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Terfenadine
Systematic (IUPAC) name
(RS)-1-(4-tert-butylphenyl)-4-{4-[hydroxy(diphenyl)methyl]piperidin-1-yl}-butan-1-ol
Identifiers
CAS number 50679-08-8
ATC code R06AX12
PubChem 5405
DrugBank APRD00606
Chemical data
Formula C32H41NO2 
Mol. mass 471.673 g/mol
Pharmacokinetic data
Protein binding 70%
Half life 3.5 hours
Therapeutic considerations
Pregnancy cat.  ?
Legal status Withdrawn
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Terfenadine is an antihistamine formerly used for the treatment of allergic conditions. It was brought to market by Hoechst Marion Roussel (now Aventis) and marketed under various brand names including Seldane in the United States, Triludan in the United Kingdom, and Teldane in Australia. It was superseded by fexofenadine in the 1990s due to the risk of cardiac arrhythmia caused by QT interval prolongation.

Terfenadine is a prodrug, generally completely metabolised to the active form fexofenadine by the intestinal cytochrome P450 CYP3A4 isoform. Due to this presystemic gut wall metabolism terfenadine normally is not measurable in the plasma. Terfenadine itself, however, has a cardiotoxic effect in higher doses while its metabolites have no such effect. Toxicity is possible after years of continued use with no previous problems as a result of an interaction with other medications such as erythromycin, or foods like grapefruit. The addition of or dosage change in these CYP3A4 inhibitors makes it harder for the body to metabolize and remove the drug. Terfenadine appears in larger concentrations in plasma leading to toxic effects on the heart's rhythm and electrical conduction like ventricular tachycardia and torsades de pointes.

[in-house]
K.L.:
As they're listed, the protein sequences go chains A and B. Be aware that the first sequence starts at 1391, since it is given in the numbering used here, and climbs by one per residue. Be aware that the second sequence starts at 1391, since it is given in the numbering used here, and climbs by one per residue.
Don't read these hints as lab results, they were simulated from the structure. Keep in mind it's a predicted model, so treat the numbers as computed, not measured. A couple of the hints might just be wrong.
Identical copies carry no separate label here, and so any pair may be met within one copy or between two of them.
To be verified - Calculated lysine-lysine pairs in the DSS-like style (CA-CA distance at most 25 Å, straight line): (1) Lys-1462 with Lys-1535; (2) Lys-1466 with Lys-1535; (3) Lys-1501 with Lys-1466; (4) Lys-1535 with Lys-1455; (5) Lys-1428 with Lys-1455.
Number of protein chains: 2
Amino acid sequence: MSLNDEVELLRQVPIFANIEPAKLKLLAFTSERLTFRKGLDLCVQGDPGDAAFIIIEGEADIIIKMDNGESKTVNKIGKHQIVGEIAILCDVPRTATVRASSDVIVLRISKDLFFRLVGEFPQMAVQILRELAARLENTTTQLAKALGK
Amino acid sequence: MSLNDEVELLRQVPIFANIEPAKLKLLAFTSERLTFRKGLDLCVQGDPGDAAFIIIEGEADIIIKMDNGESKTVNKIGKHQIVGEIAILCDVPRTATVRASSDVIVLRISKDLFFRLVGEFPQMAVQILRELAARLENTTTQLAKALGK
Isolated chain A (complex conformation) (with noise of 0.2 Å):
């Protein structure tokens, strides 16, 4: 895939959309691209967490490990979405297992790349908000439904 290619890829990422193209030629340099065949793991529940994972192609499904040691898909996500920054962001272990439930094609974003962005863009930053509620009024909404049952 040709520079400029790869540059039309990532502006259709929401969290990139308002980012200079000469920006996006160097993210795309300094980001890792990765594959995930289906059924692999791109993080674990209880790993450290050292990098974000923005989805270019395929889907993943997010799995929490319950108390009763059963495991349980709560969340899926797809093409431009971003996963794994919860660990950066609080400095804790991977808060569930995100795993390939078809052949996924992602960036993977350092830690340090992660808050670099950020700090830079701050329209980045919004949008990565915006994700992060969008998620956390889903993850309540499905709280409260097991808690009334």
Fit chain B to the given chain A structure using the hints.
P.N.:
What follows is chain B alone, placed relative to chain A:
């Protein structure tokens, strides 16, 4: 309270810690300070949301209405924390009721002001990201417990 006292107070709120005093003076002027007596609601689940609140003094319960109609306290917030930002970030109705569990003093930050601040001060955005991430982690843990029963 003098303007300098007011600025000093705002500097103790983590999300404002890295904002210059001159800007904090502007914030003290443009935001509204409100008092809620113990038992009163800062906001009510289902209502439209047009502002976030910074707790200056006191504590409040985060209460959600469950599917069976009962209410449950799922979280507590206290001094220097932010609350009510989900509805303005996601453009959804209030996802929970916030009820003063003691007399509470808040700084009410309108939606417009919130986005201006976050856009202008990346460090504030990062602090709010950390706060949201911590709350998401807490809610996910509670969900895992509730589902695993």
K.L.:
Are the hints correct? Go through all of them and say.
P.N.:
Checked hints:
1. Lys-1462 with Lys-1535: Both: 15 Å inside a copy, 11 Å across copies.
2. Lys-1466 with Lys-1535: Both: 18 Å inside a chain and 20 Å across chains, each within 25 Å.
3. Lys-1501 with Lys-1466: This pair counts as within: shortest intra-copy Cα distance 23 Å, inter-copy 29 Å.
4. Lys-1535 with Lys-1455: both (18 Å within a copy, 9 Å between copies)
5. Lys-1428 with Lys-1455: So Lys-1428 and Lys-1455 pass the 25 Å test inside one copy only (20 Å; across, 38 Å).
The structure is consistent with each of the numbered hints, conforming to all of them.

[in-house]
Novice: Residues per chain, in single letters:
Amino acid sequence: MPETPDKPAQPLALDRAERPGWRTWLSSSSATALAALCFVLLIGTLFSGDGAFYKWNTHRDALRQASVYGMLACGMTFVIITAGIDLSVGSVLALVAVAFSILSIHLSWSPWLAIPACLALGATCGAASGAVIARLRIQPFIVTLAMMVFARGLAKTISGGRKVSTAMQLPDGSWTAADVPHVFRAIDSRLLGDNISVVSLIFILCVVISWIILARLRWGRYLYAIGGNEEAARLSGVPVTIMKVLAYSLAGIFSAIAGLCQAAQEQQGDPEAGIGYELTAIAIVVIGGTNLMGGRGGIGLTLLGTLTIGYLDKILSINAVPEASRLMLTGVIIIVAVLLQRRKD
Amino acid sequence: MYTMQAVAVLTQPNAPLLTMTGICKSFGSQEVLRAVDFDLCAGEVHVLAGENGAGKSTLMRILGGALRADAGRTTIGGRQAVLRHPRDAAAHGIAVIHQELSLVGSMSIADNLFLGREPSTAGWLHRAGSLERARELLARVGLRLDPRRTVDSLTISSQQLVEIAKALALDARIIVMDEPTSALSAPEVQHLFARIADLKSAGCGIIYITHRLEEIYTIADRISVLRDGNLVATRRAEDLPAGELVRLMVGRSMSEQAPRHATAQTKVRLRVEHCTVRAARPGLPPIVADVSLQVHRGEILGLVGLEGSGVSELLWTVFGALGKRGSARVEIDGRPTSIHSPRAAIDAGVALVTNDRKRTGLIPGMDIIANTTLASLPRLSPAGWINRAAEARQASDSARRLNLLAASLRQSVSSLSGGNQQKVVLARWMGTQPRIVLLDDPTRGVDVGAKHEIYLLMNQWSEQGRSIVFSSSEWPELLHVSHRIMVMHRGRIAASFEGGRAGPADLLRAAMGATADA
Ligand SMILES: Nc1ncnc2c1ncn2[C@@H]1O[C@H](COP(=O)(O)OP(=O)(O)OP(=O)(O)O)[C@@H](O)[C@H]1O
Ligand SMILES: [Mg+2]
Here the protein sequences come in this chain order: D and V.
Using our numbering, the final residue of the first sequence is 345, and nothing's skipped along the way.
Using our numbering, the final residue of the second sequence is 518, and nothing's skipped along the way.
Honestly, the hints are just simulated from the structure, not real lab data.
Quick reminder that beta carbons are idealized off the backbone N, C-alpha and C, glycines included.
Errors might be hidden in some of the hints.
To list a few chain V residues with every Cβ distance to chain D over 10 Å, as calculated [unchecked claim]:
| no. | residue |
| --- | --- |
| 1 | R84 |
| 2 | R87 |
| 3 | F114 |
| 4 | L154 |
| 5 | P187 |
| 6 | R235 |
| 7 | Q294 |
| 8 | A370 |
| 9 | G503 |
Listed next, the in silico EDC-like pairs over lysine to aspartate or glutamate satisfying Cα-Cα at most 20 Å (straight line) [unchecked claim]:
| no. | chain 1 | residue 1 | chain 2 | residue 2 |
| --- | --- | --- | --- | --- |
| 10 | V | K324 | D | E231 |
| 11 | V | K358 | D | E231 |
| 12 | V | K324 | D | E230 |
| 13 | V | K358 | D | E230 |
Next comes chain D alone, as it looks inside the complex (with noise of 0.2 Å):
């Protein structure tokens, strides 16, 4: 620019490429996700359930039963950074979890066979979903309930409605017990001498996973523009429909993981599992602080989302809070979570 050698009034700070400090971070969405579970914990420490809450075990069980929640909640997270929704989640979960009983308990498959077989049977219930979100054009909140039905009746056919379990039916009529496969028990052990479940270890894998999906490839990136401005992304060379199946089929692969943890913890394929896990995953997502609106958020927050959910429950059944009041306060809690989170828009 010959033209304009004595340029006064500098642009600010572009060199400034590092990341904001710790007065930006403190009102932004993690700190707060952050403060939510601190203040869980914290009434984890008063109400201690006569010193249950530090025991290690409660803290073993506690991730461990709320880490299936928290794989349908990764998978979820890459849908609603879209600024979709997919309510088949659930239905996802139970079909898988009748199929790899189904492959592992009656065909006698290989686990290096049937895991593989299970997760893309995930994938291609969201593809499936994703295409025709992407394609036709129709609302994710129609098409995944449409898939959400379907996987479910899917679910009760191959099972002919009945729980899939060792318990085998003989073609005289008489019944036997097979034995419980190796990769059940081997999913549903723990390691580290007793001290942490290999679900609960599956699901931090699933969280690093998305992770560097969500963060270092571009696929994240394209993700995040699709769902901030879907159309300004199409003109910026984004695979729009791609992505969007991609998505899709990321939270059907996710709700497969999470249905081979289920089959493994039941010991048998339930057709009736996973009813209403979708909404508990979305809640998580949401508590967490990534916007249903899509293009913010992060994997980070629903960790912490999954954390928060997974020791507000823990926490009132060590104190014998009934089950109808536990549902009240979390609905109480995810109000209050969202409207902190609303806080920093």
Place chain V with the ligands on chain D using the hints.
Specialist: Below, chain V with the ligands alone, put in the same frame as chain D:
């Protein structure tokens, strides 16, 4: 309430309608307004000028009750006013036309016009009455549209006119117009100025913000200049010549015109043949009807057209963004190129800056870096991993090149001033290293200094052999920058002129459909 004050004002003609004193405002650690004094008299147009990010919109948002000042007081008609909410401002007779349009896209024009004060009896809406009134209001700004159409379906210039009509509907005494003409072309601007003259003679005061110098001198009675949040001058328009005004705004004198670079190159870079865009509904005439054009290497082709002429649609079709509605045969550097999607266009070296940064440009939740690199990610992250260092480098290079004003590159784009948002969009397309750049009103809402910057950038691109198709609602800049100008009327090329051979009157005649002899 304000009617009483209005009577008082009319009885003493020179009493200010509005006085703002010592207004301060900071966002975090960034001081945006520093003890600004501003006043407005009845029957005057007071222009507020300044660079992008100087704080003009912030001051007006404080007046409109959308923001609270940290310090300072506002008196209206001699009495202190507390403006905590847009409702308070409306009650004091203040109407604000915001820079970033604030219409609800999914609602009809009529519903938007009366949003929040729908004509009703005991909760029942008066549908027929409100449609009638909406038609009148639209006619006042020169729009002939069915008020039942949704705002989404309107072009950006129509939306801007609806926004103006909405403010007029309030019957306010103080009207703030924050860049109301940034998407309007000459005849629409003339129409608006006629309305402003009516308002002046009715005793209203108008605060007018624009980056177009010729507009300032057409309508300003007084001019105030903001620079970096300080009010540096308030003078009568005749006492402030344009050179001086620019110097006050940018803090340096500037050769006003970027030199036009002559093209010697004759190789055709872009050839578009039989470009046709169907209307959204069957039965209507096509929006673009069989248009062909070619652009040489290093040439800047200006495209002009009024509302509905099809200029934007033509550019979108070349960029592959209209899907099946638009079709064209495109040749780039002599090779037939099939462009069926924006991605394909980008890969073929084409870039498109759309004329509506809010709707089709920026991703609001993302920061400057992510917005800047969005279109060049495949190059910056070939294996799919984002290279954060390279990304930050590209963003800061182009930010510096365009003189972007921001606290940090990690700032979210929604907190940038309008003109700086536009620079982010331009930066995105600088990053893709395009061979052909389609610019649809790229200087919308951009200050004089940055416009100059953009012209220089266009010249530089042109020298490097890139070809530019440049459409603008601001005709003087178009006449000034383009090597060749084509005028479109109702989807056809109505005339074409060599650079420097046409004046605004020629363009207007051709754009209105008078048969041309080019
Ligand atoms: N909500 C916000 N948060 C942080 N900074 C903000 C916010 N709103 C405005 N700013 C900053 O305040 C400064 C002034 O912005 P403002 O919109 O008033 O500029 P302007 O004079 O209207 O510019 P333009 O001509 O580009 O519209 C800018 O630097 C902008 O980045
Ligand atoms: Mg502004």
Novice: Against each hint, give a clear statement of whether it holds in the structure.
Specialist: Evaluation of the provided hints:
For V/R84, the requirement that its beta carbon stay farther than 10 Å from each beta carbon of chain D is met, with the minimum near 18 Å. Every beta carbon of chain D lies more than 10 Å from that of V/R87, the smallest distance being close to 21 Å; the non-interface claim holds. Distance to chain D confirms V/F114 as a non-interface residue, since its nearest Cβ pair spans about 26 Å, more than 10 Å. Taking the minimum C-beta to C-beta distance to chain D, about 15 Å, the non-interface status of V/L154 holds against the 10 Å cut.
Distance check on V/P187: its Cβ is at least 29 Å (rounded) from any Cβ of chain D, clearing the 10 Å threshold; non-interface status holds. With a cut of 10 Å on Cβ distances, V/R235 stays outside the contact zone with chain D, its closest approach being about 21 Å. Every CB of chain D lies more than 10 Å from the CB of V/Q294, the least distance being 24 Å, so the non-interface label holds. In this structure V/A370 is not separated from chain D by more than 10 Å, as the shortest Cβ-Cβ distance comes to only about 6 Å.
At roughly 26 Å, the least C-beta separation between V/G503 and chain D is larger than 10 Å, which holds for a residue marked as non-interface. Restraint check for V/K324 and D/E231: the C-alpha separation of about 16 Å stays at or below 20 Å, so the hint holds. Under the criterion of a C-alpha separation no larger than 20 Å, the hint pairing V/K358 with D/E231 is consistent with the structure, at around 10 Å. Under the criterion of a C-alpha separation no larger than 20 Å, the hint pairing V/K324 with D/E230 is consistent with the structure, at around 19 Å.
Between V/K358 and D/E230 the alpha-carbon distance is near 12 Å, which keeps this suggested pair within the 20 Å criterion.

In early 1997, the U.S. Food and Drug Administration (FDA) recommended that the terfenadine-containing drugs be removed from the market and that physicians consider alternative medications for their patients. Seldane was formally removed from the U.S. market in late 1997 after the approval of Allegra, a drug by the same maker as Seldane that was not found to cause the potentially fatal heart condition.[1] Terfenadine-containing drugs were subsequently removed from the Canadian market in 1999,[2] and are no longer available for prescription in the UK.[3]

References

  1. ^ Fda Approves Allegra-D, Manufacturer To Withdraw Seldane From Marketplace
  2. ^ Status of Terfenadine-Containing Drugs in Canada
  3. ^ Terfenadine- General Practice notebook







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